The other day, a prospective client asked us what they should look for in a Chief Marketing Officer (CMO). This prospective client is a very early-stage startup, but one with very big and ambitious plans. They have a fairly detailed business plan, and the founder/CEO only recently pulled the trigger and quit a full-time gig to run his startup. They’re pre-revenue, only have a rudimentary version of their product, and they are on the hunt for investors to help get them off the ground.
This startup is clearly planning as much as they can, and working to move forward methodically. And at some point, they’re going to need a CMO, and the CEO asked what he should look for. Here’s how we suggest he- and other early-stage startups approach it:
- Figure out when the time is truly right. You don’t necessarily need a CMO before you’ve developed a product that’s worth selling. You will DEFINITELY most need a CMO when it’s time to scale. Which means you need a solid product, not just an MVP. Hiring too soon might be a waste of precious resources, while hiring too late could be a grave misstep.
- Look for someone who understands technology. Marketing has become as much about the technology we use as it is about the strategy and the creative. CMOs need to be able to talk to your company’s CTO; they need to understand how your customers are using technology, and then find ways to use those technologies to spread your company’s message. They also need to understand reporting technology. So much is trackable today–there’s so much data available. CMOs don’t necessarily need to know every aspect of every technology, but they do need to have enough understanding to know how to pull things together in order to master all of these facets.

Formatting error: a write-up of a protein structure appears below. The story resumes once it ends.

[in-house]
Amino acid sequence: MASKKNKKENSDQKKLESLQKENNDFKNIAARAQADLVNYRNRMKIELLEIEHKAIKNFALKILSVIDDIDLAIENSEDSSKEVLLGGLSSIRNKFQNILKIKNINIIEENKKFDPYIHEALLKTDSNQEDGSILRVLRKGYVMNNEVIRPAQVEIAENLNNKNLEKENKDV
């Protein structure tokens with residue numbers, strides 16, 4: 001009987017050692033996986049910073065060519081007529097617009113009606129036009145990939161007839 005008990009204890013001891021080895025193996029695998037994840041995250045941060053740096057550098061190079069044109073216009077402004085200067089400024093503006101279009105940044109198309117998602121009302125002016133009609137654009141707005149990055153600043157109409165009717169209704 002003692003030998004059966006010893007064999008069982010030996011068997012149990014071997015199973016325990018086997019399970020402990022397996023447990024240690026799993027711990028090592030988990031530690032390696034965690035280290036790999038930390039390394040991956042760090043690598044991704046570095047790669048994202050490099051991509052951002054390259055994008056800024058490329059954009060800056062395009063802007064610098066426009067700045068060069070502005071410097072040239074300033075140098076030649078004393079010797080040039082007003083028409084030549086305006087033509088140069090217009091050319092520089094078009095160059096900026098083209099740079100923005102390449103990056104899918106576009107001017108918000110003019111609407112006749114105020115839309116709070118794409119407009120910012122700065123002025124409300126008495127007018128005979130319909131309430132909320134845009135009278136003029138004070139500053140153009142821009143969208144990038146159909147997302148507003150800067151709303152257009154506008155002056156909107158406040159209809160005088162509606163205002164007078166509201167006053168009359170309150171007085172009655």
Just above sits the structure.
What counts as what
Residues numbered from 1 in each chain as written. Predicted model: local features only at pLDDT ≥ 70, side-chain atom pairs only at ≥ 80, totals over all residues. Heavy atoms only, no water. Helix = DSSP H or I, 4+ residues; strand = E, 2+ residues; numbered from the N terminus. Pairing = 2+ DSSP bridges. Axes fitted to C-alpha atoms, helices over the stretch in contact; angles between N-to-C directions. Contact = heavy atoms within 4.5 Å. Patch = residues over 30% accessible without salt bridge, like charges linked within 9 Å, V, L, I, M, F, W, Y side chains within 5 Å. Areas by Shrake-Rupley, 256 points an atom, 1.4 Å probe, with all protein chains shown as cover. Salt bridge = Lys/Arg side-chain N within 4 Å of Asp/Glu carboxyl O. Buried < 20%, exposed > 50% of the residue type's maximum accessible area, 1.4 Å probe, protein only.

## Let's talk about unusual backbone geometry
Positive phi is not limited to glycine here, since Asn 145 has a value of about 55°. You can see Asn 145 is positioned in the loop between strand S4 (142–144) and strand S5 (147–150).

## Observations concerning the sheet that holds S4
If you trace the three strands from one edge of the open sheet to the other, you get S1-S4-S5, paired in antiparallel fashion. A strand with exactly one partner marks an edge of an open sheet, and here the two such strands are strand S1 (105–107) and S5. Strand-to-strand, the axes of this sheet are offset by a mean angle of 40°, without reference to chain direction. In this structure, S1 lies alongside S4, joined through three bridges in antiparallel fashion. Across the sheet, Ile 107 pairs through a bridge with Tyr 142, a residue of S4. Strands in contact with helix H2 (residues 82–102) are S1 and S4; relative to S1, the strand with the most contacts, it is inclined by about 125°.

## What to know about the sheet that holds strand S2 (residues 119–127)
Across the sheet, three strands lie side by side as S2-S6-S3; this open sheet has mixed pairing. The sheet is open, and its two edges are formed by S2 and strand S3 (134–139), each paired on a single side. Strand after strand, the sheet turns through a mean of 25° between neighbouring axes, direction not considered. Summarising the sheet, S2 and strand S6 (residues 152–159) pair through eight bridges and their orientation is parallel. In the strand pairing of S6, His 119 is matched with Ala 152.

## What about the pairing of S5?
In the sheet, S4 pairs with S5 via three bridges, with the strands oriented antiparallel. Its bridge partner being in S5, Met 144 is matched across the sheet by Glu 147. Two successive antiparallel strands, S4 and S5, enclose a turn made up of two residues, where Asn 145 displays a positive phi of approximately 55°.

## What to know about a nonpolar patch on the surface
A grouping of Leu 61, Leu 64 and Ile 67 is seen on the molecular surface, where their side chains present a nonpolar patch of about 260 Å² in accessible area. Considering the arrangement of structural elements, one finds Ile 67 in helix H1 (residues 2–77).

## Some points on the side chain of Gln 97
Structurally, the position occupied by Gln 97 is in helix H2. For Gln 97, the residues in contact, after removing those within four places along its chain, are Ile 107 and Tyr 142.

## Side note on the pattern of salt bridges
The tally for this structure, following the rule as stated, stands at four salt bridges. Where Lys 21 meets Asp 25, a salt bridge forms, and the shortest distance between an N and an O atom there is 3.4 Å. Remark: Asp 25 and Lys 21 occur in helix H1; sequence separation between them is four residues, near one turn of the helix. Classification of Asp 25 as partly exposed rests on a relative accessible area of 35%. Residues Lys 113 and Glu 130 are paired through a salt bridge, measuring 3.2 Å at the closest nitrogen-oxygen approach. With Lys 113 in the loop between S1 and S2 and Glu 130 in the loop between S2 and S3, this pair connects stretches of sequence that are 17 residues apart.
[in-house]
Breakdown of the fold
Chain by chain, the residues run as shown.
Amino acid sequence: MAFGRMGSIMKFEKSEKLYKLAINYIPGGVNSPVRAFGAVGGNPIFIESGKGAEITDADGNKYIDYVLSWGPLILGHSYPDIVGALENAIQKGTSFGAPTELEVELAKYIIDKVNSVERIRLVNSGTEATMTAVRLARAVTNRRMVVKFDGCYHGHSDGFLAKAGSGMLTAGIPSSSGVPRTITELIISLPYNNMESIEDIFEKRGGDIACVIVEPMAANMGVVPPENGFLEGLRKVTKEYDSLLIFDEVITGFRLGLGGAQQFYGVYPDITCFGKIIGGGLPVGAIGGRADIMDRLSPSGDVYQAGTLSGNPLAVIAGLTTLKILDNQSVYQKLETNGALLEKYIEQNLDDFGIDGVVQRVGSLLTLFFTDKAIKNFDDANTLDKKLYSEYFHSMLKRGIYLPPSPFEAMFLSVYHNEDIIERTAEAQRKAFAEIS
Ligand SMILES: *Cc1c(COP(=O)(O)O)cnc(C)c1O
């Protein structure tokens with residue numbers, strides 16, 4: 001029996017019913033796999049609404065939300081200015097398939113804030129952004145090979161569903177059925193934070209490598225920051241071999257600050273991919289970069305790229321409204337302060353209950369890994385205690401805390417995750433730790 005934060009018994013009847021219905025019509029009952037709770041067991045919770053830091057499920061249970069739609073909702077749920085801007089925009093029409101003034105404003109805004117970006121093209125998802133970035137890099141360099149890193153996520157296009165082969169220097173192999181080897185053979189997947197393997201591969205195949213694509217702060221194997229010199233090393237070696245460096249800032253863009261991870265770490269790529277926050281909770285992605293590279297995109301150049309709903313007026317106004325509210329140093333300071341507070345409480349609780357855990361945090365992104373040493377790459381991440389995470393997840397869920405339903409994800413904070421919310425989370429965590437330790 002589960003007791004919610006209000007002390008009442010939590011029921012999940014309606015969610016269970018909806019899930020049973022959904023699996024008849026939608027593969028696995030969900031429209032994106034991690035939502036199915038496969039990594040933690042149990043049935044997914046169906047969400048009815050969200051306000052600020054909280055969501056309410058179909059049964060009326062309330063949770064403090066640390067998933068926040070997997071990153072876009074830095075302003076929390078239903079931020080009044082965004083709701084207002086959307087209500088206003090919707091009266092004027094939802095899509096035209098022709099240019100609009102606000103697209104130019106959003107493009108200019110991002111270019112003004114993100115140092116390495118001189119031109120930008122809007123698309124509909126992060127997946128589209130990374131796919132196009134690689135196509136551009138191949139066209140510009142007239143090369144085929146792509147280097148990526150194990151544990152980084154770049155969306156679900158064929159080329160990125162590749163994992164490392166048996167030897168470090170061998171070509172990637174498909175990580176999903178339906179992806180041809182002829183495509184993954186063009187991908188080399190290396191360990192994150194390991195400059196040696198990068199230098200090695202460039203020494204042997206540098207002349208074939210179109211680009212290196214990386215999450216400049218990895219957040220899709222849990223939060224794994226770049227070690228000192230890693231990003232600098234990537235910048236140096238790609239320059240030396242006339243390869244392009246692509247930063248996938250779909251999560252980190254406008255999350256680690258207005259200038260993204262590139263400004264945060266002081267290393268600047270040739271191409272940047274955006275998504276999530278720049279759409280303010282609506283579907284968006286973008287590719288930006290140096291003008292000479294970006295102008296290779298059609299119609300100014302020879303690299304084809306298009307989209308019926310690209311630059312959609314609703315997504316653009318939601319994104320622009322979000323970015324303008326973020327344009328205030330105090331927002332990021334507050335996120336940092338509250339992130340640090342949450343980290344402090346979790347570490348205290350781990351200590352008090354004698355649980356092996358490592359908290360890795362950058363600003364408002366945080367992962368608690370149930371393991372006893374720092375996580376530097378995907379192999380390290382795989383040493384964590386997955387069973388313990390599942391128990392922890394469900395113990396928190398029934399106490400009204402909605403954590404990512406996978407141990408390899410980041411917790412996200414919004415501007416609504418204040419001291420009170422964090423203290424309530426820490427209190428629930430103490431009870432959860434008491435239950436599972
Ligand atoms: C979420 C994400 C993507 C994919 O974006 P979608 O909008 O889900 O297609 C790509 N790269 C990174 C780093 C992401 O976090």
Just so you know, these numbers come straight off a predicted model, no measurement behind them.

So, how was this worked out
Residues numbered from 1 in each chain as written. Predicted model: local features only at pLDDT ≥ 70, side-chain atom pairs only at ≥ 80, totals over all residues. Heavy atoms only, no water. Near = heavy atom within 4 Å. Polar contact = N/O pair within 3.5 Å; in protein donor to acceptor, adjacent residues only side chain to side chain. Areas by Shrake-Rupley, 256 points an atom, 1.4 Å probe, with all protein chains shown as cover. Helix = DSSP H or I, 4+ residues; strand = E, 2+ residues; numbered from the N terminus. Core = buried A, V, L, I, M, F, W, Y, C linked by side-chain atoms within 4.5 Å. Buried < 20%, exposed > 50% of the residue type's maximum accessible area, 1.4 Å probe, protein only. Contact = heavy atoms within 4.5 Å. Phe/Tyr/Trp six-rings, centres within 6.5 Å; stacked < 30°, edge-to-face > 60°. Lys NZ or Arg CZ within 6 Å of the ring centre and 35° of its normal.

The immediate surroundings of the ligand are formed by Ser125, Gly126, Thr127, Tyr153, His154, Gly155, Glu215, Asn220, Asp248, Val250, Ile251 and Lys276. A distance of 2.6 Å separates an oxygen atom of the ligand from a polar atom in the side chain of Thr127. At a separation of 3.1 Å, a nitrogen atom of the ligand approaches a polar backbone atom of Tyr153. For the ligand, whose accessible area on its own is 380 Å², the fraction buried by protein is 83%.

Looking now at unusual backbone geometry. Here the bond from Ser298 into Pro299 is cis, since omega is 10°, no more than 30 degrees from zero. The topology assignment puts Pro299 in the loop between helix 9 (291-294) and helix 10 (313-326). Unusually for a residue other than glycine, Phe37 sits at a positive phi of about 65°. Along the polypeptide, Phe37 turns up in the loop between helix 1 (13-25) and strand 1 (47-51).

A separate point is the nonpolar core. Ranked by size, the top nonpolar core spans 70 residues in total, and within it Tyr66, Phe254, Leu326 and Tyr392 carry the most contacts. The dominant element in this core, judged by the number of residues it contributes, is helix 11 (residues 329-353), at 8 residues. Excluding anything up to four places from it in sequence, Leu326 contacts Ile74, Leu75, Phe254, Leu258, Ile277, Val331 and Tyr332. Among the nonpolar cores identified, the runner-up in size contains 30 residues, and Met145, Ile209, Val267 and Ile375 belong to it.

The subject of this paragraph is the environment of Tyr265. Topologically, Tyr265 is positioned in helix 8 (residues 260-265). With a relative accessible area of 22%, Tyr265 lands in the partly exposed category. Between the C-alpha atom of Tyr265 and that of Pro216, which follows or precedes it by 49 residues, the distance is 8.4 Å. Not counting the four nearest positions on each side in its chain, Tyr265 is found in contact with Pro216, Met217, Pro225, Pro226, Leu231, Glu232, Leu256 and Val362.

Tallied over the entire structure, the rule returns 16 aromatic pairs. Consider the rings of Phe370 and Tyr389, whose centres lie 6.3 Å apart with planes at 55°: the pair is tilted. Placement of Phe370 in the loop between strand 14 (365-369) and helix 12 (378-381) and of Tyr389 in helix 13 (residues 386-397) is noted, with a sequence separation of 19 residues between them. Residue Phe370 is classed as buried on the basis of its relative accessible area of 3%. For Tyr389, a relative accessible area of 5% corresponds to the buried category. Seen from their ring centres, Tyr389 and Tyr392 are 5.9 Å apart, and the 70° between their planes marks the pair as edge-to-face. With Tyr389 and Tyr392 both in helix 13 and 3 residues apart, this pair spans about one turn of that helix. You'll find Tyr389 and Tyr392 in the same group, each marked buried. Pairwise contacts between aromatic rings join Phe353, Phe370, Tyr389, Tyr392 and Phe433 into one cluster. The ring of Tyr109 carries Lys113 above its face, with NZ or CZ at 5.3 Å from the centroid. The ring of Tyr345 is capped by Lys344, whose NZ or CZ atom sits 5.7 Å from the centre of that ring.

- Look for someone who’s not afraid to get their hands dirty. Marketing is a team sport. There’s no one person who can possibly do everything, nor are there enough hours in the day. The result is that it’s not uncommon for CMOs to be master delegators. There’s nothing wrong with that–when you’re in a larger organization and your CMO is commanding a large team. When you’re in a startup, though, everyone needs to pitch in and do their part. The CMO who knows how to get stuff done–either individually or through other people–is indeed a rare, valuable find.
NOTE: Even if you’re not ready to hire a CMO, you still need to promote your company! Check out our Rocket Packs for Startups to see how we can help.
Image above of the CMO T-shirt, available for purchase here.